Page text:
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Plot:

Poet Yusuf (35-38) returns to his childhood hometown, which he hadn’t visited for years, upon his mother’s death. He is faced with a neglected, crumbling house. Ayla, a young girl (17-19) awaits him there. Yusuf has been unaware of the existence of this distant relation who had been living with his mother for five years; He stays by his dead mother’s bedside for a while on the morning of his return. Ayla’s presence alleviates the emotions evoked by death to an extent. But how will Yusuf cope with the guilt that embraces him after the funeral? Will he manage to overcome it? The maternal household’s chattels, and everyday habits, the staid rhythm of the provinces and the spaces filled with ghosts&; The town he once had left to escape all this, re-enchants Yusuf. Yusuf finds out on the day he’s due to return to Istanbul that he is obliged to perform the sacrifice his mother had been prevented by death from fulfilling. Ayla pressures him. Yusuf and Ayla set off for the saint’s tomb, some three or four hours away, for the traditional sacrifice ceremony that his mother Zehra had pledged. Ayla is very excited about this, her first trip out of the small town. An accident is to force Yusuf to confront all that he had been trying to evade. Unable to locate the herd amongst which the sacrificial animal was to be selected, they have to spend the night in a hotel by the crater lake. While the falling snow blankets guilt, they are no longer heading back to that old town.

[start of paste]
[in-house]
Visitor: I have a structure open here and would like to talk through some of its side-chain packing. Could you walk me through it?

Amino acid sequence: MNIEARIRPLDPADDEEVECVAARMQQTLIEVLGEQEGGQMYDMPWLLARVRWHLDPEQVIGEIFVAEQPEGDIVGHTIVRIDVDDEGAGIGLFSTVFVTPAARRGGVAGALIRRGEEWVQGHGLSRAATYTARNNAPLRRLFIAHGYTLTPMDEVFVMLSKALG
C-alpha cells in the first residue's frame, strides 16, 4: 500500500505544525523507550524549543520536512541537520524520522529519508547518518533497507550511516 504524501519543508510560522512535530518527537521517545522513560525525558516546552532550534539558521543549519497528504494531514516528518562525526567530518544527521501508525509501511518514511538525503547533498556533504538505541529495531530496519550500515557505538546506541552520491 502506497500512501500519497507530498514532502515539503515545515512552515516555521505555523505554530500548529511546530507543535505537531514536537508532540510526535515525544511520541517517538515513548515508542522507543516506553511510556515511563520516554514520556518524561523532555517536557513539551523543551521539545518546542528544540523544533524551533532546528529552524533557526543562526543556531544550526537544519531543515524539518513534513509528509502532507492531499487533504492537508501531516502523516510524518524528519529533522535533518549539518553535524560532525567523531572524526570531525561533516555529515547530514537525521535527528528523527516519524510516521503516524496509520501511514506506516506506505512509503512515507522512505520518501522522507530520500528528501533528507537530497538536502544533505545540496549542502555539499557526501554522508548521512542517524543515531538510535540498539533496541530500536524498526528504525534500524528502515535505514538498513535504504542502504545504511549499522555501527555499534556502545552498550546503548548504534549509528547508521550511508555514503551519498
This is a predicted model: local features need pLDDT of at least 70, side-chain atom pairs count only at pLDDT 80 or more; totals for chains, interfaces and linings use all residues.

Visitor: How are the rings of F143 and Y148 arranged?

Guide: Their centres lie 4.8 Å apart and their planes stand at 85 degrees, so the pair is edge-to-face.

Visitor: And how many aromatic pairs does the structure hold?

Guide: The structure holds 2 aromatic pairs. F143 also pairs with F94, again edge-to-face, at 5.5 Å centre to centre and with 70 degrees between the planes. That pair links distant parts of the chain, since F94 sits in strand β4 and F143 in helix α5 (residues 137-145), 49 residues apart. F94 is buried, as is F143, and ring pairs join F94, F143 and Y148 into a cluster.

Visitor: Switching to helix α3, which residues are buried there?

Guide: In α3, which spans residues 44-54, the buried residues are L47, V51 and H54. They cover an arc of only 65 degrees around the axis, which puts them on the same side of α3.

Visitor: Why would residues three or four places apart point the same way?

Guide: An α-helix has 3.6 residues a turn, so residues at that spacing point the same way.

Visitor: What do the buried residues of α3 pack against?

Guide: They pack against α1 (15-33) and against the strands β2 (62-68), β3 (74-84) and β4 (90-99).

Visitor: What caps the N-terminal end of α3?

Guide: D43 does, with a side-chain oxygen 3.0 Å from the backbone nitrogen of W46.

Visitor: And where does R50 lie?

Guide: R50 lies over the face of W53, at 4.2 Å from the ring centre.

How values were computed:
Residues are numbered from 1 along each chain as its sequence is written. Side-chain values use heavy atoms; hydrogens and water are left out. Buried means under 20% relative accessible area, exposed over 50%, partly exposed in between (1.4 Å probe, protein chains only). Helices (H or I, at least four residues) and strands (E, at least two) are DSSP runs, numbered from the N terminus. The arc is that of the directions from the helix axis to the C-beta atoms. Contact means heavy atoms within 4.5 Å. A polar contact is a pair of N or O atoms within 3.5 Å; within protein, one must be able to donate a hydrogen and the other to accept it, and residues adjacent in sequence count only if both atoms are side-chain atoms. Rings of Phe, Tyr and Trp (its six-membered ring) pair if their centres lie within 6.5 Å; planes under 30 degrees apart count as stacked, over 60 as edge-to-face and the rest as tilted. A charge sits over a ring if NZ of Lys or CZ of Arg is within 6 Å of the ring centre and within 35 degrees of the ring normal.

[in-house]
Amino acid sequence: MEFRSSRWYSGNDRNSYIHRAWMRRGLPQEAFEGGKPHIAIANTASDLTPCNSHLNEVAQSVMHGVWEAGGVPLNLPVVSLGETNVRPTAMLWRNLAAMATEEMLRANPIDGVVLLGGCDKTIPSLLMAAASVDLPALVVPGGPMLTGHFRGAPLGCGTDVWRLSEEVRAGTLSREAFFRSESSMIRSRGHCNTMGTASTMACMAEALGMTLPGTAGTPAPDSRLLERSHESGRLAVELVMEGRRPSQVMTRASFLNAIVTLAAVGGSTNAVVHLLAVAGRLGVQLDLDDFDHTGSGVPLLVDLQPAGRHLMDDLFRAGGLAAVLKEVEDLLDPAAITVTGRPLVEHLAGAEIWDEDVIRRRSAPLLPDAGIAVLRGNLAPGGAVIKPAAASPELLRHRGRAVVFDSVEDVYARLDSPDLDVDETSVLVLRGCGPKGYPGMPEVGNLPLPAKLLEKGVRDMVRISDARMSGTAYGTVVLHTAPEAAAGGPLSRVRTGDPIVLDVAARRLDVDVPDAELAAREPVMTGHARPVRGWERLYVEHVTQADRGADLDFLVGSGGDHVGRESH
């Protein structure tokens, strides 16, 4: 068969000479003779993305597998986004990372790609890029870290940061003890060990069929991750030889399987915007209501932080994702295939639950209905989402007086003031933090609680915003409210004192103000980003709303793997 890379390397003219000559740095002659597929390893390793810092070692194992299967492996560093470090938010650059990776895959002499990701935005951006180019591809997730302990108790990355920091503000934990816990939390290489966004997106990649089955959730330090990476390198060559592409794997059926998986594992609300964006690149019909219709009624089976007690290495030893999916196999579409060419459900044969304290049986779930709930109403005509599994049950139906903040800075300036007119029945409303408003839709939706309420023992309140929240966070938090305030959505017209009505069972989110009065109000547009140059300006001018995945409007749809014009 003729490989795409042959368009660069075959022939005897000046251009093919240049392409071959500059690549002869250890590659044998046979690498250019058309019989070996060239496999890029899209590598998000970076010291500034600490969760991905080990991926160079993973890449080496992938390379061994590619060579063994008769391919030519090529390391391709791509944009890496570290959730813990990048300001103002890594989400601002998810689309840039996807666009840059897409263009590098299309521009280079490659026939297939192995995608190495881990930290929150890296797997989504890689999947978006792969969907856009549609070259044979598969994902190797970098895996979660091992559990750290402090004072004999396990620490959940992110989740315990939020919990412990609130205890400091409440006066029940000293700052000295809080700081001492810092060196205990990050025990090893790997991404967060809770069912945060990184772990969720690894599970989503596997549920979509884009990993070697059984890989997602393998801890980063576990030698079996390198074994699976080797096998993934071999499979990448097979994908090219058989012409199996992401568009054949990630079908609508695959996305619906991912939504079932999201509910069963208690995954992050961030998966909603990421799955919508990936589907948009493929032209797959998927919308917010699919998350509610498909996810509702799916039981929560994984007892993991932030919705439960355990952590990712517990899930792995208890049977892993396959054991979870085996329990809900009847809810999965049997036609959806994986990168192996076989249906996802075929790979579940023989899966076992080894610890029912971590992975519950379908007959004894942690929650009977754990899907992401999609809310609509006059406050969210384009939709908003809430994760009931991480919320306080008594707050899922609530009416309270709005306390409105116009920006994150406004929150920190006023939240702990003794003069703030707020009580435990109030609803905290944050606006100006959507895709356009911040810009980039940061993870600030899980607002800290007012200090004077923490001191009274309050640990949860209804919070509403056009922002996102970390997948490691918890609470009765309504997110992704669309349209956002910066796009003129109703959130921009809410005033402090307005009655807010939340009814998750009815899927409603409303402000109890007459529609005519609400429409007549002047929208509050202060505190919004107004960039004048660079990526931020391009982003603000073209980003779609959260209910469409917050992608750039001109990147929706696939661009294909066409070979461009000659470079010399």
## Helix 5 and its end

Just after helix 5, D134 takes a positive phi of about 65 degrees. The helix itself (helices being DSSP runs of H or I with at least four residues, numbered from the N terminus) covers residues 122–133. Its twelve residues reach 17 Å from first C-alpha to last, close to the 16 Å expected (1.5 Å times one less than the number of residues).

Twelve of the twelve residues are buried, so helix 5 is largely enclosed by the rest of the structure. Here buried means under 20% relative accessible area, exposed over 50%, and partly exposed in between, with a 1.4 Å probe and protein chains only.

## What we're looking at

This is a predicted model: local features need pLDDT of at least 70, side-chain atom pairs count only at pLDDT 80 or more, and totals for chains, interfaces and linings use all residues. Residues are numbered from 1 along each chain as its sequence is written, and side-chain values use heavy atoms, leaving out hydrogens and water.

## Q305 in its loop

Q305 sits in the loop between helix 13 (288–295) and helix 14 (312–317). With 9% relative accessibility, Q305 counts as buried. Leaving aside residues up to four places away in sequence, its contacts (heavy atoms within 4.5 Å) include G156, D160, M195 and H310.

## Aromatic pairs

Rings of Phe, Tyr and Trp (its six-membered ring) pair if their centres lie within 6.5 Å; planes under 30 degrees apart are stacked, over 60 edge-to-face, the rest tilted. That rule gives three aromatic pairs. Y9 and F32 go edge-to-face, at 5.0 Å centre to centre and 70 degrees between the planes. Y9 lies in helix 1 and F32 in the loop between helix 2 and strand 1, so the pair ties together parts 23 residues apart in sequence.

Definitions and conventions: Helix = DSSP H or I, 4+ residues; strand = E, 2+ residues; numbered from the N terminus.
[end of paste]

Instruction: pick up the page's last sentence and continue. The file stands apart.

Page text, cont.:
Also Known As: Jaje, Muna, Yumurta, Huevo, Oul, Яйцо, Яйце, Jumurta, Vejce Czech, Egg, Avgo, Ei, A tojás, Αυγό, Jajko

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  • natalia-papageorgiou
    natalia papageorgiou

    it is of course a bit boring because it is a psychedelic kind of film and it is so contemporary..nowadays these kinda movies are a lot, not in Turkey but in everywhere around Europe.. I hate psychedelic movies and cant even watch but this movie had something and it kept me going. Cinematography was good for an independent film. İt was a very low budget film so I think before making any comment , should consider these kinda points. Shouldn’t have a point of view before watching the other 2 movies which complete yumurta ,as a series movies I thing the other ones will be so much more meaningful because this one was about death..the darkest theme the darkest topic. one of the other ones topic is birth so..